Lawrence R. James spent the last 20 years of his 35-year career developing and validating a new theory of personality that he called conditional reasoning. This theory was focused on mapping and measuring core aspects of the implicit (i.e., unconscious) personality. In this article, we (a) review James’s seminal contributions to the theory and measurement of conditional reasoning, (b) discuss subsequent contributions made in the area of conditional reasoning, and (c) provide a brief “look under the hood” at James’s approach to test development and validation. This final section of our paper is designed to familiarize other researchers with the protocols that James and his colleagues have used over the past 20 years. Many of these protocols have gone unmentioned or only briefly acknowledged (e.g., in conference presentations or informal meetings); indeed, many of these validation protocols were “implicit” in the thinking of James and his approach to the study of personality. Having benefited from working closely with James, we were privy to many of these implicit assumptions and protocols that privately guided James’s early work on conditional reasoning.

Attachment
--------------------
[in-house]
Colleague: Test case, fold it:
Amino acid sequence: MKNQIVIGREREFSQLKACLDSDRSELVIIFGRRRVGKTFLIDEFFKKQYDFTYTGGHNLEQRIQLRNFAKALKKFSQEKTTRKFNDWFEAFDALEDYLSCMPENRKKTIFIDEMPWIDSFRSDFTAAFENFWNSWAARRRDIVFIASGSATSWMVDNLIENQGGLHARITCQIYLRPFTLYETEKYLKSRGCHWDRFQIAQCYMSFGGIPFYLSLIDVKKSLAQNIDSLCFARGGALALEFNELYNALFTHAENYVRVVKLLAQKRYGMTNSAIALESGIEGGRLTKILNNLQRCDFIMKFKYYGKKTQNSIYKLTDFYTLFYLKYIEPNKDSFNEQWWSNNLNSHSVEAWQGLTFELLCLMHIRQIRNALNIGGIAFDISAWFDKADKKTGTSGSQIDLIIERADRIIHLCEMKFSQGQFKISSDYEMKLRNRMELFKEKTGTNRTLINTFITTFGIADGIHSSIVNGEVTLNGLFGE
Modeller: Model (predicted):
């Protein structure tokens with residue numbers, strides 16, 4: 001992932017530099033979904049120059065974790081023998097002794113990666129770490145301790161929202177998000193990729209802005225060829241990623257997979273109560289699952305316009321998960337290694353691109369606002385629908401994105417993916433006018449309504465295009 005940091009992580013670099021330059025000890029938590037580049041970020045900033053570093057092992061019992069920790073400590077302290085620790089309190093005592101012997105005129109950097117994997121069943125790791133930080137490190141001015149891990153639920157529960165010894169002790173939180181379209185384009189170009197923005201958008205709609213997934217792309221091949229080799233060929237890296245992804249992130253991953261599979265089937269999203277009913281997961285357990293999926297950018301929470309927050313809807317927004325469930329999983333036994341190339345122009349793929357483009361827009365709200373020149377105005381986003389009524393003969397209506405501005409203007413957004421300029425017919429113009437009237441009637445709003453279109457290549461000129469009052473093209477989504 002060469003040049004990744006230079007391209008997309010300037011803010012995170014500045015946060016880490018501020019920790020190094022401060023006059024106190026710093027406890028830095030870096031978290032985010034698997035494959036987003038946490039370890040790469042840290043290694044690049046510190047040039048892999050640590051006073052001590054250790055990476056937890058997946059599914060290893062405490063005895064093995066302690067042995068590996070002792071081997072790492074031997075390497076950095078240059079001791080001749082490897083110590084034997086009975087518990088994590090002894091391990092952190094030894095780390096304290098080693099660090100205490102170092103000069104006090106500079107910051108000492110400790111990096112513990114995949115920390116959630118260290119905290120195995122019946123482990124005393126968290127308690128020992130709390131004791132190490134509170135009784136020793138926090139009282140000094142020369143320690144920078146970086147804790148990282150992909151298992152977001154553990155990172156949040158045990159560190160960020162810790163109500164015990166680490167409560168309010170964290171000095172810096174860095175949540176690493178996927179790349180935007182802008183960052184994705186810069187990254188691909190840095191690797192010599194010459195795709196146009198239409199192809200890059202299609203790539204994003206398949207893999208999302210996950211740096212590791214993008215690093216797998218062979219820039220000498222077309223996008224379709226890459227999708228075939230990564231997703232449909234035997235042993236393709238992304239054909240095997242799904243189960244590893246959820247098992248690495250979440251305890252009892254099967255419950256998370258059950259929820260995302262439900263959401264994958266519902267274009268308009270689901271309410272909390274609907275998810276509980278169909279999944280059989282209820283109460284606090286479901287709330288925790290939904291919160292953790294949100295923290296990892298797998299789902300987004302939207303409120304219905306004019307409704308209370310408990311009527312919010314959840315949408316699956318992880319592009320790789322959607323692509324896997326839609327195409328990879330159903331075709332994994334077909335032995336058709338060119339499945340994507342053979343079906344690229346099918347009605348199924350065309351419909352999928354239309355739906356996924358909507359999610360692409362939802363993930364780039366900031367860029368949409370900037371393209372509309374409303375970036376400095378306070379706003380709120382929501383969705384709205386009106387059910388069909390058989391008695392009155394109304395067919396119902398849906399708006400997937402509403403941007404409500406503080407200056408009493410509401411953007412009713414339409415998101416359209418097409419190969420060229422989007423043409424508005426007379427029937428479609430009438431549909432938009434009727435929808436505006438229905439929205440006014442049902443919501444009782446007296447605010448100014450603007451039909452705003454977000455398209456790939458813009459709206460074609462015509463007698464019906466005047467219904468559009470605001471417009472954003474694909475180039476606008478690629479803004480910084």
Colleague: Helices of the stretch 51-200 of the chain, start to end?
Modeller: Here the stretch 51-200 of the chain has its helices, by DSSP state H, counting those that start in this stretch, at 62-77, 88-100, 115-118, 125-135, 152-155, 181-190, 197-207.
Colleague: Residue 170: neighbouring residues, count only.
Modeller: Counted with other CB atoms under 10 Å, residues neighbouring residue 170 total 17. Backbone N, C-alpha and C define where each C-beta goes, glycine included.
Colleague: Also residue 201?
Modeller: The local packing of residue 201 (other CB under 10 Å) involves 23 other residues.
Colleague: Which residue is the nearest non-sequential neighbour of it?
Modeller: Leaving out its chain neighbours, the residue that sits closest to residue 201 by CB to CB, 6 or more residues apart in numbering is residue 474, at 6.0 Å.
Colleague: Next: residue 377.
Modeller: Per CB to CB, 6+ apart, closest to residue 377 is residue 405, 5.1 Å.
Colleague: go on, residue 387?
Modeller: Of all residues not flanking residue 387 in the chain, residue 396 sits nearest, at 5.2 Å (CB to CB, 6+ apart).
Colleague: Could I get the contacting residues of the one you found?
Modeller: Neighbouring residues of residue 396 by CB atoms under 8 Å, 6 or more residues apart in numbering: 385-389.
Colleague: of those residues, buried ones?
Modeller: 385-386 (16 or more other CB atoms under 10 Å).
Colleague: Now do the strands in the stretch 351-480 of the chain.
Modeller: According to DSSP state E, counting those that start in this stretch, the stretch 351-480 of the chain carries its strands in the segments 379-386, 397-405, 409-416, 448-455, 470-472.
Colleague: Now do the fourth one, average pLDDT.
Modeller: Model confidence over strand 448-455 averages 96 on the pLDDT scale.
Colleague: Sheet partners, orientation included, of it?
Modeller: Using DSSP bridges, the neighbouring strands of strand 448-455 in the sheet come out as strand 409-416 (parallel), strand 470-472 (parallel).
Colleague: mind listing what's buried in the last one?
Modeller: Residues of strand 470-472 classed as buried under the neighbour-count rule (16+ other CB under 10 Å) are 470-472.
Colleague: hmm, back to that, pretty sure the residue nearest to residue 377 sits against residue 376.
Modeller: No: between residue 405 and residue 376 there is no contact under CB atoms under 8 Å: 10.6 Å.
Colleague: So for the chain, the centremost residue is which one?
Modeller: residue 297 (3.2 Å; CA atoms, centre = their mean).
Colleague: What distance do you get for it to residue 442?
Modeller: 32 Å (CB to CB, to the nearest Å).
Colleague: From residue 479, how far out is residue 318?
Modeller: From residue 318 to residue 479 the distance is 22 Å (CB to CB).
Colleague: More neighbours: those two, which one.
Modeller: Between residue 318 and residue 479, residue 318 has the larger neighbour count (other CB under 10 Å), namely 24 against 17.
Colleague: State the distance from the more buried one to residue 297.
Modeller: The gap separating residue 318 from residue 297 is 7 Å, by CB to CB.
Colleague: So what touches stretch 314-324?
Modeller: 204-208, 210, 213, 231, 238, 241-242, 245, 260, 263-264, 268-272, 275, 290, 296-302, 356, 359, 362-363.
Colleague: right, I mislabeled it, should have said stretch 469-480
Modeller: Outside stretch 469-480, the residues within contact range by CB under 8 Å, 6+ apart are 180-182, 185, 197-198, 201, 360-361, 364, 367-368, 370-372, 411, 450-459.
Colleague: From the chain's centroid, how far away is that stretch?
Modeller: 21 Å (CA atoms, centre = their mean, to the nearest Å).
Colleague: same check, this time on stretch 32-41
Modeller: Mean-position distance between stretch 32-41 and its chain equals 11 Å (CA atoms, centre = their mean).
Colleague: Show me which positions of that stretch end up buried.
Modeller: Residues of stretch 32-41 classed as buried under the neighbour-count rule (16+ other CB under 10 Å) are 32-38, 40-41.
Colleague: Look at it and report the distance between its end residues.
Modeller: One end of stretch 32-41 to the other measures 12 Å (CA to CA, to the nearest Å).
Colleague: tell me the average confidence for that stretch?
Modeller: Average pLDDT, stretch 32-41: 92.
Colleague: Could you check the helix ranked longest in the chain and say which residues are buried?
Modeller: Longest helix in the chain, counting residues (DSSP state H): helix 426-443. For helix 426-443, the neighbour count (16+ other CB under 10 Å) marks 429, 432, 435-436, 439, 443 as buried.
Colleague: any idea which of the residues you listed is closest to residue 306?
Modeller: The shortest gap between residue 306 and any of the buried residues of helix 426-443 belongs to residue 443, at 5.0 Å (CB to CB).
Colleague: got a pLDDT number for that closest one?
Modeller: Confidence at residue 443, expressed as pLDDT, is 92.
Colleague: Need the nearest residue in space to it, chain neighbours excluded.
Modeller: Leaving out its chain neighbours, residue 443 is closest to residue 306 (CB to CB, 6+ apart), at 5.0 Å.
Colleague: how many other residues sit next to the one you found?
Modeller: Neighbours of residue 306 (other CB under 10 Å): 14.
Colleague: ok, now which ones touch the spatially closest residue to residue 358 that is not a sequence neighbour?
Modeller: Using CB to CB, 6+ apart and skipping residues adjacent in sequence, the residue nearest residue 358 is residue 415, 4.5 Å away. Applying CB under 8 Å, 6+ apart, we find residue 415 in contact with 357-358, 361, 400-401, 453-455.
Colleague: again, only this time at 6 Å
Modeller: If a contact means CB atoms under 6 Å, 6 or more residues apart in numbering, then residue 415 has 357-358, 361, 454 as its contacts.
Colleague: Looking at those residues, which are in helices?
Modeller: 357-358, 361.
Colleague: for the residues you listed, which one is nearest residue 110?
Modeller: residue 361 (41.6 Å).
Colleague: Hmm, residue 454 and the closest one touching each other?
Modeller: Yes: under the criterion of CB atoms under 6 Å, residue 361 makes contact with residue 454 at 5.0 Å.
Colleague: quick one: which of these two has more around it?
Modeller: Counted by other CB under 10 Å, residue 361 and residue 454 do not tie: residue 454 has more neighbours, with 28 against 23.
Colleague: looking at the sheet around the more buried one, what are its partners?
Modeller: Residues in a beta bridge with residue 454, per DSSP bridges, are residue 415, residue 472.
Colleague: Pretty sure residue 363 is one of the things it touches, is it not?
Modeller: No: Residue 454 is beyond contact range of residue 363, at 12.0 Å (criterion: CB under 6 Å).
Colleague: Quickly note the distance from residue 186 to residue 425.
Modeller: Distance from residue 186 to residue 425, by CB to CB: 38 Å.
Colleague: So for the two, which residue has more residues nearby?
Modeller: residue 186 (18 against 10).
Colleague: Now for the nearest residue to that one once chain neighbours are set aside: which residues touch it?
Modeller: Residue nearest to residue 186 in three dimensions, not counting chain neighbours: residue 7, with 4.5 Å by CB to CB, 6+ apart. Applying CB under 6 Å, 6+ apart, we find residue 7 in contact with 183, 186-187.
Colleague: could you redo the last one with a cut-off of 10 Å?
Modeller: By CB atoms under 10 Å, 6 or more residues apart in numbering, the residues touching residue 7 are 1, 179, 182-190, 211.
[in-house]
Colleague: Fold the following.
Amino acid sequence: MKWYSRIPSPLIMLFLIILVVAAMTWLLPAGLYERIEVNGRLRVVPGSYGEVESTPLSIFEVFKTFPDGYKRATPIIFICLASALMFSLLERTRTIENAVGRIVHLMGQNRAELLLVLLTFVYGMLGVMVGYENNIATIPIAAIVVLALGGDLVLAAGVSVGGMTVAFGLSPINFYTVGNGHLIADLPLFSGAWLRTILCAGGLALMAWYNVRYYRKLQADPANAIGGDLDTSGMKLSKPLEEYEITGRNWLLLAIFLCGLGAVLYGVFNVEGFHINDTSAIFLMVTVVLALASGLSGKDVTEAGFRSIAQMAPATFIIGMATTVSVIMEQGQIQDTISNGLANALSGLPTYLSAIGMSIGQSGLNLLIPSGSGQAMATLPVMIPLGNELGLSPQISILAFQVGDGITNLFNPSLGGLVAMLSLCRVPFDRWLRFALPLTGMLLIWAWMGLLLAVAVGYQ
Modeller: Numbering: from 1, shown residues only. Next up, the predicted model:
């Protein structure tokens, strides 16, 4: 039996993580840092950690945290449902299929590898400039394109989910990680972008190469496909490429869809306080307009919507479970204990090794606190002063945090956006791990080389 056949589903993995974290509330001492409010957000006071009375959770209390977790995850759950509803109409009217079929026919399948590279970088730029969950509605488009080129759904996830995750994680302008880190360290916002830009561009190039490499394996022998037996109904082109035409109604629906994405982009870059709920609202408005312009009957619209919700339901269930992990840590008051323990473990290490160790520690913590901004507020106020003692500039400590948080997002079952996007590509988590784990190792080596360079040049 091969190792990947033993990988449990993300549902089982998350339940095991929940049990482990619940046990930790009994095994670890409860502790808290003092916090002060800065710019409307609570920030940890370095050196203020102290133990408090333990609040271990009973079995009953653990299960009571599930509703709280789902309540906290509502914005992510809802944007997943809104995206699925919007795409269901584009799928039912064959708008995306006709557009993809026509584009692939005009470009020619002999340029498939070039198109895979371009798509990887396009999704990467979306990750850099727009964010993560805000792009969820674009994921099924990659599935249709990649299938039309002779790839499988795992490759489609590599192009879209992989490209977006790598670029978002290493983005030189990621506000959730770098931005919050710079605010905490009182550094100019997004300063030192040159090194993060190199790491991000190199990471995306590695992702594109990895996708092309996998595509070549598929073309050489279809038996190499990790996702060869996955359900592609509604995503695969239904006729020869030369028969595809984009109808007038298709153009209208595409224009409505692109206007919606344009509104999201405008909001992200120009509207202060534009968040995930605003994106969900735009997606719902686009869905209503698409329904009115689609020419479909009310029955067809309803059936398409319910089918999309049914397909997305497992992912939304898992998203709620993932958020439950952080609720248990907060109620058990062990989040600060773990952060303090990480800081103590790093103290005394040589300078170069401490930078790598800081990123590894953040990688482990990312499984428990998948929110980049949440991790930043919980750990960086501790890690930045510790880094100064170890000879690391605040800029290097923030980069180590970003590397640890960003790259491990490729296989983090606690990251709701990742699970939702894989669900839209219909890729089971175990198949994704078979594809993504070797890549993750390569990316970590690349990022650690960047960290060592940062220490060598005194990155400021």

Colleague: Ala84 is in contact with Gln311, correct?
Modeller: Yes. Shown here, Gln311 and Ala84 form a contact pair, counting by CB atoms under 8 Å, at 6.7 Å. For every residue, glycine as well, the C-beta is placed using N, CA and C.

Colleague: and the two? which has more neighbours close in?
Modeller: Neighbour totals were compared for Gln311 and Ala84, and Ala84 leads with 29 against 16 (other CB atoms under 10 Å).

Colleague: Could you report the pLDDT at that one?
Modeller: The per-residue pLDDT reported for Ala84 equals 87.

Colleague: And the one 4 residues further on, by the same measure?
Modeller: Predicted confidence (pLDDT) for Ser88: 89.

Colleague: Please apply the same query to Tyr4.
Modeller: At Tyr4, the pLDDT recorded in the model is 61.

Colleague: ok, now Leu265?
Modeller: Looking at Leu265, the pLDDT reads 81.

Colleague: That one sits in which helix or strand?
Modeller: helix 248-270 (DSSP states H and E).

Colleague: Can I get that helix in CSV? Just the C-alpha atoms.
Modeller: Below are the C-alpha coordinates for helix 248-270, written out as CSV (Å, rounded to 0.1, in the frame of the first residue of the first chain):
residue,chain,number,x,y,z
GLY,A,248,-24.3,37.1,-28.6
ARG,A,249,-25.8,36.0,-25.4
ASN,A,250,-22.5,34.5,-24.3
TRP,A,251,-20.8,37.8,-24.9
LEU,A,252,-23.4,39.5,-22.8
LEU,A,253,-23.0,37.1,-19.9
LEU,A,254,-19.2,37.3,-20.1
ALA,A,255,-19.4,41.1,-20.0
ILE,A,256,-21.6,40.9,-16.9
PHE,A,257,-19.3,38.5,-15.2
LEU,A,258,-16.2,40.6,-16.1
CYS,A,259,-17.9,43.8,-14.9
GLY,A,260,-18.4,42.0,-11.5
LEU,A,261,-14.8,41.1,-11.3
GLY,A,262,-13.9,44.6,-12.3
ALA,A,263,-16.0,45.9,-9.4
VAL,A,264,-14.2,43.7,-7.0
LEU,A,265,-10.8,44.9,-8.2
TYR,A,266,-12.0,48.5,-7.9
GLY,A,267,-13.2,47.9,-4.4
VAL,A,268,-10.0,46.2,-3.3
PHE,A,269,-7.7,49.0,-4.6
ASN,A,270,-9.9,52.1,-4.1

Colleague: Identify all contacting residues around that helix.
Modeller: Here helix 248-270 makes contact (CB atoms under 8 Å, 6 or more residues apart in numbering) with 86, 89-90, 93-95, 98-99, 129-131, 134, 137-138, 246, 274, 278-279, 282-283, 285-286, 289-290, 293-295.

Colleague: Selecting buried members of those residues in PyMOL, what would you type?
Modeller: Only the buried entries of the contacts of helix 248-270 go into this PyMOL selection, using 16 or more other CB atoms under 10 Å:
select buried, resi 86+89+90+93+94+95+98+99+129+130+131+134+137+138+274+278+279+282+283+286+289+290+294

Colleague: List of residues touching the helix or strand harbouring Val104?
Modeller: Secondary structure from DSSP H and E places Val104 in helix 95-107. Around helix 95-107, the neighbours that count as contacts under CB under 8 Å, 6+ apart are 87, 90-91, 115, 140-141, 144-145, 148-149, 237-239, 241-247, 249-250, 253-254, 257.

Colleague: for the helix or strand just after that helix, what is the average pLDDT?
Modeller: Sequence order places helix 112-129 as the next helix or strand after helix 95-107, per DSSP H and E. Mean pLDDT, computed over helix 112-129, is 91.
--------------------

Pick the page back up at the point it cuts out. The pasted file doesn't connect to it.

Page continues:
All Science Journal Classification (ASJC) codes
- Decision Sciences(all)
- Strategy and Management
- Management of Technology and Innovation